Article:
An early test marketing effort in the Comic Buyer’s Guide resulted in ten percent of the twenty seven 3-DVG buyers writing unsolicited letters. These early buyers received the Initiation model without any explanatory literature of how it worked.
"...As a person who’s interest in 3-D has been a life-long affair, I must say that I am absolutely flabbergasted that the effect of three dimensions can be achieved by such a simple device...I was able to achieve the desired 3-D effect on my very first try. Ever since, I have been pouring through old magazines, comic books, and sitting in front of the television, exploring an old territory in a totally new way. ...It is truly exciting to be among the first to experience this discovery."
Mike Johnson of Wheaton, IL
"Thanks for letting me in on the ground floor of this! What a marvel! Not only is this a great "parlour trick", but I suspect it has many possible applications with TV, interactive video, etc...." It is revolutionary, Its almost weird how simple the actual process is -it’s almost as if we were built to be able to see with this in the first place.
Blair Tarleton of Tarboro, NC
"…This unbelievable simple device creates an almost magical effect."
Harold H. Blesy of River Forest, IL
Comments from Photo-3D Mail List
"...I was at the convention in Atlanta, and was impressed with the 3-DVG, I still check certain images on the net and in magazines using my fingers to provide the similar effect to Ken's glasses. I learned the finger method from his great article in Stereo World magazine."
Lincoln Kamm, Maker of 3-D STUFF on Photo-3D Mail List (4/9/97)
"How's it work and how's it done? I am very sceptical of the whole thing. I have looked at a large framed photo and covered one eye over and this 'appears' to be 3D since the brain is trying to compensate, but the whole thing seems really 'suss'
Wolfie!, member Photo-3D Mail List (4/11/97)
"...What I am seeing is difficult to rationalise. The problem is that it _looks_like stereoscopic 3-D, and yet it can't be. I have two possible explanations, which are no doubt not news to you....Thank you in advance for any comments, advice and information.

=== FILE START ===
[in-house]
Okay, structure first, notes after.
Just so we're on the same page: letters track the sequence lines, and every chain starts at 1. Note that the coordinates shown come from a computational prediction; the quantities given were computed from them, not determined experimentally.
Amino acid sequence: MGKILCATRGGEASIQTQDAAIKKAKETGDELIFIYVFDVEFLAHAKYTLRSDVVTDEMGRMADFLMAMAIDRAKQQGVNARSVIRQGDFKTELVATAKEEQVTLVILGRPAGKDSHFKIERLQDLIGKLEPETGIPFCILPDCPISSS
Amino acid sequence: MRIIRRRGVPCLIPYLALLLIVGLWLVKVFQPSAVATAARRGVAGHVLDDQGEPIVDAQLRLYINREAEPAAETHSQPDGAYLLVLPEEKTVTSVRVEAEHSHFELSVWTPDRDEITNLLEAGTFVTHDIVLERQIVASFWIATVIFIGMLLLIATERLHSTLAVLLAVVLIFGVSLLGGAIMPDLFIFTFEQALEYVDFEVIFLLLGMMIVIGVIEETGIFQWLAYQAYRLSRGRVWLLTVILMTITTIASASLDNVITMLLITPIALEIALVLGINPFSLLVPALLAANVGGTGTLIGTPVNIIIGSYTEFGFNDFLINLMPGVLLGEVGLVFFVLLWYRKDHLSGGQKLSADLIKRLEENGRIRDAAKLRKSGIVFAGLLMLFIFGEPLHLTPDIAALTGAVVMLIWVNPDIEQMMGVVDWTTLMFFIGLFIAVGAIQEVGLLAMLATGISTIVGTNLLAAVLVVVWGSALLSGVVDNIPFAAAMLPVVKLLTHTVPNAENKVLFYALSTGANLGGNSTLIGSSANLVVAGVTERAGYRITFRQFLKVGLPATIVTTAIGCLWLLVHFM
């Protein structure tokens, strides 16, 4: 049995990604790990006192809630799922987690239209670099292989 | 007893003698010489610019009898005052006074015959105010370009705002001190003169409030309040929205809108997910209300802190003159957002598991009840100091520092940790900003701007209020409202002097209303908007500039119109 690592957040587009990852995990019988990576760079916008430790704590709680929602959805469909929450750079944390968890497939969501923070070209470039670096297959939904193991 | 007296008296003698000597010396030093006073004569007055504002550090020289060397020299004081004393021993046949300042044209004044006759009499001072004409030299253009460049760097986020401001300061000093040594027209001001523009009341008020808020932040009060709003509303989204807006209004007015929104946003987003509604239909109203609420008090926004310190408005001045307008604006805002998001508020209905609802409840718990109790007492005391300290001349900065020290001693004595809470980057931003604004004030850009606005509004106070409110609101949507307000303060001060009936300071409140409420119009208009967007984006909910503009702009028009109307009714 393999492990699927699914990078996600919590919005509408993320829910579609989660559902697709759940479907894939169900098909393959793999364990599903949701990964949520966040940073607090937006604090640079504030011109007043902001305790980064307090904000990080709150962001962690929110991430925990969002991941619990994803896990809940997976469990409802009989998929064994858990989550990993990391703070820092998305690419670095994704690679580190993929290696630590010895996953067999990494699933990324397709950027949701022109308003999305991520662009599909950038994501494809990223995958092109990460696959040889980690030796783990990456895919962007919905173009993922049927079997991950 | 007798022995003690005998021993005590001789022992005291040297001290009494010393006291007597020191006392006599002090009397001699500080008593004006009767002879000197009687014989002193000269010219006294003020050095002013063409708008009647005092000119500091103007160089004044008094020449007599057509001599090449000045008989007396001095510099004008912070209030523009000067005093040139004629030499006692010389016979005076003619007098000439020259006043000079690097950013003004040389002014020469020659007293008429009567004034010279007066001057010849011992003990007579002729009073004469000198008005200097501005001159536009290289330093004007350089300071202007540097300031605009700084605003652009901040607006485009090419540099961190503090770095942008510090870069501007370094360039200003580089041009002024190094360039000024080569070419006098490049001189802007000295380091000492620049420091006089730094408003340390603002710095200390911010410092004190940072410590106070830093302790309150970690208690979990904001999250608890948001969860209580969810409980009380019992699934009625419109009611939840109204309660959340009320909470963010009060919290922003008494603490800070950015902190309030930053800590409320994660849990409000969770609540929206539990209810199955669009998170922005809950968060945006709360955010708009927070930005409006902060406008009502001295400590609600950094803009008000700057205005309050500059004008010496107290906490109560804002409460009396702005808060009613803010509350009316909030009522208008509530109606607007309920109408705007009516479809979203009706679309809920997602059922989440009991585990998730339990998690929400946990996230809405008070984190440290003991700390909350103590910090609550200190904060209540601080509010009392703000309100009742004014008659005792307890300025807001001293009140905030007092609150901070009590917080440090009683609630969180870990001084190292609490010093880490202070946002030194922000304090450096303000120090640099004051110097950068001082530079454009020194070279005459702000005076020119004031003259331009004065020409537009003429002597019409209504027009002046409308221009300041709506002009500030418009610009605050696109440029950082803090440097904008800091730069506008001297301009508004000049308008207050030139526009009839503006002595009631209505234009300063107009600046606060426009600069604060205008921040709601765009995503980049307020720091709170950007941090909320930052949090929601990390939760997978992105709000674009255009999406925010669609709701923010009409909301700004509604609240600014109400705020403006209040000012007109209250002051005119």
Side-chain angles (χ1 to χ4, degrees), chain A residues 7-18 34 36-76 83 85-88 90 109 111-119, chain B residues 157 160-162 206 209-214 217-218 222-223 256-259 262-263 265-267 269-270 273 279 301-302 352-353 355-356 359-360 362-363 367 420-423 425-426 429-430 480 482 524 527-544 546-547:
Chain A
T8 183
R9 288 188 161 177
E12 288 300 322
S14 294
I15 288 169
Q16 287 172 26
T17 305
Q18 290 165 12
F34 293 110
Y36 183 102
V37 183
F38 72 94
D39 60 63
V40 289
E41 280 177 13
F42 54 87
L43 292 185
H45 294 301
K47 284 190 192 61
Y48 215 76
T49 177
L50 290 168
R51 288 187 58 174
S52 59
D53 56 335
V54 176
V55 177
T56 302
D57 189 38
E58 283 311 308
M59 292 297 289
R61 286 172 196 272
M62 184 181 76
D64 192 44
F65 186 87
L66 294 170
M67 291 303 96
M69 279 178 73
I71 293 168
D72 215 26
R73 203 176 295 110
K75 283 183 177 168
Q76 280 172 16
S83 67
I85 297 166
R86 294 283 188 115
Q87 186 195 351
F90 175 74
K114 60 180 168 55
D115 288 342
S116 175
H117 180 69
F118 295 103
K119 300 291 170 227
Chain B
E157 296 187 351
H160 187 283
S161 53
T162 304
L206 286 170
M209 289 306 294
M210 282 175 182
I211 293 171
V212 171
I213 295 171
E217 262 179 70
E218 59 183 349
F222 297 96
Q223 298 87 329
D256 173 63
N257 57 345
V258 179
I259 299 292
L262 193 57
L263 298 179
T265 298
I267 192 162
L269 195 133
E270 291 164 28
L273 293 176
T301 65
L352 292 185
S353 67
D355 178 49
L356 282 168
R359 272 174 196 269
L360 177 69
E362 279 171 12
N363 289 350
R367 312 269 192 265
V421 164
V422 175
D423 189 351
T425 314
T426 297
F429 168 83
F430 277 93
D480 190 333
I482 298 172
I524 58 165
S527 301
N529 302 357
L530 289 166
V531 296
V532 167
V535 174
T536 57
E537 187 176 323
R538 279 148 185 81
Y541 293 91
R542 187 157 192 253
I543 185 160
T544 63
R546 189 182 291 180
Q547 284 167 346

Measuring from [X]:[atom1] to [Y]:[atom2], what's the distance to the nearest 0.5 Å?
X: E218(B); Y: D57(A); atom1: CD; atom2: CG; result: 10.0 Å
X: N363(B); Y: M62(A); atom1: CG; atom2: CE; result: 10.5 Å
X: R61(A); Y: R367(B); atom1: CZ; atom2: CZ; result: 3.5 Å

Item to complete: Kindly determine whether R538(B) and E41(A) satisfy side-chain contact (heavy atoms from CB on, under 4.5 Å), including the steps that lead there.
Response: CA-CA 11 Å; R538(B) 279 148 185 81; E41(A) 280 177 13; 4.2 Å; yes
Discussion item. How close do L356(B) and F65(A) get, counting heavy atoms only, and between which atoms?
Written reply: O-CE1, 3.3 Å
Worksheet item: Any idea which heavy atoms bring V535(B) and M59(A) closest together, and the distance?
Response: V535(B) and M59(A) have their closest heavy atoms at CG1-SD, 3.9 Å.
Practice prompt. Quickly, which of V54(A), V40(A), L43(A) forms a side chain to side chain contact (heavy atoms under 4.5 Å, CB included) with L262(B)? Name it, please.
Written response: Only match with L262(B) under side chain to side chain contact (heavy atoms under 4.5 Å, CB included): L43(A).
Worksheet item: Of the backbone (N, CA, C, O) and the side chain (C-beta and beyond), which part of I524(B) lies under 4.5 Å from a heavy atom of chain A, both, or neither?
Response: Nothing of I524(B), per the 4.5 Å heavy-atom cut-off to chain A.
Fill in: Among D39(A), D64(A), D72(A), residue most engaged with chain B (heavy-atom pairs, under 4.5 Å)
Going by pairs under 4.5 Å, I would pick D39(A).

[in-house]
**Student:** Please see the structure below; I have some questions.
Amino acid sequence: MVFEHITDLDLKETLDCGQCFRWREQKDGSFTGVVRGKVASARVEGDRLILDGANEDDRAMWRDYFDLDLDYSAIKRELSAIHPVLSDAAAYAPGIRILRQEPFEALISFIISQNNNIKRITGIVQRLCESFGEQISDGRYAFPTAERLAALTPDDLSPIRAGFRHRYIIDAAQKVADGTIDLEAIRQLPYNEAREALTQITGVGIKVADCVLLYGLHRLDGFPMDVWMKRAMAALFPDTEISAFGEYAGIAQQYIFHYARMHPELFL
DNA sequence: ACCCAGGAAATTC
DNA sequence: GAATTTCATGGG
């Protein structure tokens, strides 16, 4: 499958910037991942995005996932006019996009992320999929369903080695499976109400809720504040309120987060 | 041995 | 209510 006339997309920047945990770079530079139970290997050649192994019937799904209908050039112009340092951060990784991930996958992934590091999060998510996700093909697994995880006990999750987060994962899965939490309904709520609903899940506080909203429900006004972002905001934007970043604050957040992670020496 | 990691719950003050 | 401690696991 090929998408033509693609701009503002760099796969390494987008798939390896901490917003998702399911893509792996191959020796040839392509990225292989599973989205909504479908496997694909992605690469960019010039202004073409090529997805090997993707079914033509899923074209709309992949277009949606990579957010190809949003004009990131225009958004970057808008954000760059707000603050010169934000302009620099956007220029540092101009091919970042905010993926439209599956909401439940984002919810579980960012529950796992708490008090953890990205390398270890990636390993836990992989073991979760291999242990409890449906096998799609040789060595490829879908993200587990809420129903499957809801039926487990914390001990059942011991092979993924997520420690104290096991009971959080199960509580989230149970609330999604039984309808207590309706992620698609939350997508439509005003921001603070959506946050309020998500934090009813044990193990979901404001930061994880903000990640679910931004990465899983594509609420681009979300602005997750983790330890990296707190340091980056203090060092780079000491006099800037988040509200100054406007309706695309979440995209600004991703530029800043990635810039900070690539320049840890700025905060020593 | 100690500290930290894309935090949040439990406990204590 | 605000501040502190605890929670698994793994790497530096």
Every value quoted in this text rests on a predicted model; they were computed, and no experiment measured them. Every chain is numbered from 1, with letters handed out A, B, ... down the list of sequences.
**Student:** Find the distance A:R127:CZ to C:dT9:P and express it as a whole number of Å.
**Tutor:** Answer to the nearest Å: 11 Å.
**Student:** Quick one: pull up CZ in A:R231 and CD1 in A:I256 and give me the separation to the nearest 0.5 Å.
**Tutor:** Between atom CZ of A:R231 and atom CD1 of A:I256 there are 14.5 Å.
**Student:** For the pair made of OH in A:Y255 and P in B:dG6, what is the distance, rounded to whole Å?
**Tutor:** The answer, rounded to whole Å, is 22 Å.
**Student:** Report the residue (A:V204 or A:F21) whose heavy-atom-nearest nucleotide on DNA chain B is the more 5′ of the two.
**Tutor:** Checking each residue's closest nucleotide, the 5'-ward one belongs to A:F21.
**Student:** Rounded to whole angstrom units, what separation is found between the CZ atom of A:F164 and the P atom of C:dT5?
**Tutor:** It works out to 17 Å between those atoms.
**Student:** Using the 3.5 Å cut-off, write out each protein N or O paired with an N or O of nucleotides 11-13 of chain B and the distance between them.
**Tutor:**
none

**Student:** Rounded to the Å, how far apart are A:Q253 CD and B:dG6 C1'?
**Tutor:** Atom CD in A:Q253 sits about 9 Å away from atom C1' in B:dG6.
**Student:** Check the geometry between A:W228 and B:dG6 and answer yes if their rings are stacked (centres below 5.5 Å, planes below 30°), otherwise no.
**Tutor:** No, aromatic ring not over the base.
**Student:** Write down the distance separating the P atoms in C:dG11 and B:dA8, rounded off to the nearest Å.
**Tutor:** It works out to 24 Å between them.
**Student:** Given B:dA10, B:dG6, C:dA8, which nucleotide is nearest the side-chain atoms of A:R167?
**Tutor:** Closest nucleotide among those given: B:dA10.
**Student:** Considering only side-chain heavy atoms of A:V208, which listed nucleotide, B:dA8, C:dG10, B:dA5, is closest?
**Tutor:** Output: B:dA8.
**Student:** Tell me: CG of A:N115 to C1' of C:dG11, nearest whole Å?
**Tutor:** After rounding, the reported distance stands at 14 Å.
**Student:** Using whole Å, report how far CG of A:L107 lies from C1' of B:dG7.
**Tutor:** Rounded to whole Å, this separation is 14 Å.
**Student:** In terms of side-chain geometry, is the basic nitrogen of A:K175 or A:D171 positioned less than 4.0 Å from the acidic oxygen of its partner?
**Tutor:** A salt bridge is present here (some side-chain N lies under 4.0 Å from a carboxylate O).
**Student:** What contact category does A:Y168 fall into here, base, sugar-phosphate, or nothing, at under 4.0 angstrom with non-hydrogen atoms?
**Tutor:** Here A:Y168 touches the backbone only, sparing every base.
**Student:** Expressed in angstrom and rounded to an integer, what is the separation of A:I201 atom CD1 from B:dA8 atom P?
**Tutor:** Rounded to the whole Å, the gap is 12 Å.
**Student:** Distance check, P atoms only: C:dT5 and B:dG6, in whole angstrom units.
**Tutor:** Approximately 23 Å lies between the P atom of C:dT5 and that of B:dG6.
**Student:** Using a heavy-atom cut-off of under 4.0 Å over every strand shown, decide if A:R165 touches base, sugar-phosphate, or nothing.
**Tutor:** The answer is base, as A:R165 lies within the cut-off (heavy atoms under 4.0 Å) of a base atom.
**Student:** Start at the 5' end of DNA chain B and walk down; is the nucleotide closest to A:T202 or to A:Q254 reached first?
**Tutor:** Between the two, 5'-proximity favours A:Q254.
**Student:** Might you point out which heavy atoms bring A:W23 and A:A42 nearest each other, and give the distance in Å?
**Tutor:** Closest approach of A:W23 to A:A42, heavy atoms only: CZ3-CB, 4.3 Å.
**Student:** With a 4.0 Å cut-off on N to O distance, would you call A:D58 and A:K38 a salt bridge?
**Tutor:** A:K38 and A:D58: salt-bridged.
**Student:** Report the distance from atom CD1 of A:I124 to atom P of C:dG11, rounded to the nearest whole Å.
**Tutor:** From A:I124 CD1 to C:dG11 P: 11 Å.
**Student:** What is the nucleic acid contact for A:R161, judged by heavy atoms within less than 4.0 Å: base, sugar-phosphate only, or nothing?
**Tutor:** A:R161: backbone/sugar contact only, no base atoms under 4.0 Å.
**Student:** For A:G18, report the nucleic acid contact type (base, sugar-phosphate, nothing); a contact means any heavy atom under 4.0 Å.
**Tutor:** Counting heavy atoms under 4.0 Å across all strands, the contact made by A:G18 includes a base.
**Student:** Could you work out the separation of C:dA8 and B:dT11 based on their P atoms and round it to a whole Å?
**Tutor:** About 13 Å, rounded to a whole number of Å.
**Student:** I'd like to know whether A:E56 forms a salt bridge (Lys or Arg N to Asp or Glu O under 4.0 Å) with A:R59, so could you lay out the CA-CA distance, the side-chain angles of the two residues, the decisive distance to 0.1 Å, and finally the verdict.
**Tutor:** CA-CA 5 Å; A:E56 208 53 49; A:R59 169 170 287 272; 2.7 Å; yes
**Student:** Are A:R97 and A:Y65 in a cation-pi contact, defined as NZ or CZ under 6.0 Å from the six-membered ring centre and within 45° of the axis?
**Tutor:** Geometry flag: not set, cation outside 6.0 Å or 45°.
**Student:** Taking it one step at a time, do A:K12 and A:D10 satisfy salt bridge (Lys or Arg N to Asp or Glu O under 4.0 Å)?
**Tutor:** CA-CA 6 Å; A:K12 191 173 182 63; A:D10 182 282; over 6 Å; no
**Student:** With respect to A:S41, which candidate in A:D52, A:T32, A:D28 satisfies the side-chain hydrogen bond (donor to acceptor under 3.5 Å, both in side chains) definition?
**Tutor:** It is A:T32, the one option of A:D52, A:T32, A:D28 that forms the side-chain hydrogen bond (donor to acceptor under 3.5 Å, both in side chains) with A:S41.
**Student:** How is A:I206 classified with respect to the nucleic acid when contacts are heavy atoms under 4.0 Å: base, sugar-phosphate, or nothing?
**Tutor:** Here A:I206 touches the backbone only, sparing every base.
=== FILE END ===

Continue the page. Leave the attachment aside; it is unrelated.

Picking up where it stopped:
Jeremy Hinton, UK (7/797)
"Thank you very much! I tried your experiment and was successful. I had a nice photograph of a forest that I selected and so the trees seemed to stand out quite nicely. I've been able to achieve a similar effect before by looking at on ordinary photograph through a single lens ...Very interesting. I'll add a link to your site soon. Thanks for the opportunity to try that out."
Professor William R. Marmie, Univ. of Guam (2/2/98)
"I just inserted [your] URL into the interesting Links page of my Web Book. I hope it was ok."
Peter K. Kaiser, Thomhill, Ontario (2/2/98)
"I am a high school student at Morgantown High School, and have recently had the opportunity to research a scientists work ... A friend and I have taken an interest in you and your 3-DVG invention, and have decided to base our project on them...."
Matthew Landreth & David Miller (2/7/98)
"Well, I went to see the site_ check out the Dunkley effect. I was amazed! There is indeed an easy way to perceive "depth" in ordinary photos...."
Boris Starosta, member Photo-3D Mail List (2/4/98)
"...I believe that the effect is more likely [caused] from the bending of light rays at the inner edges of the pinholes (called diffraction) than it is from a prismatic effect of the lenses of the eye...Different wavelenghts bend different amounts, hence the chromatic depth effect"
David Lee, member Photo-3D Mail List (2/14/98)
"...The impression received by using Dunkley's technique is clearly "stereoscopic," in that you perceive depth in an otherwise flat photograph. Naturally it is an illusion. Given only one image, actual stereo cues do not exist....It is not unlike the view through "chromadepth" glasses but more interesting. I would encourage the various members of the P3d, who are knowledgeable with optics theory (Bercovitz and Abrahams come to mind), to have a look at Dunkley's site, because the effect is really quite interesting."
Boris Starosta (2/7/98)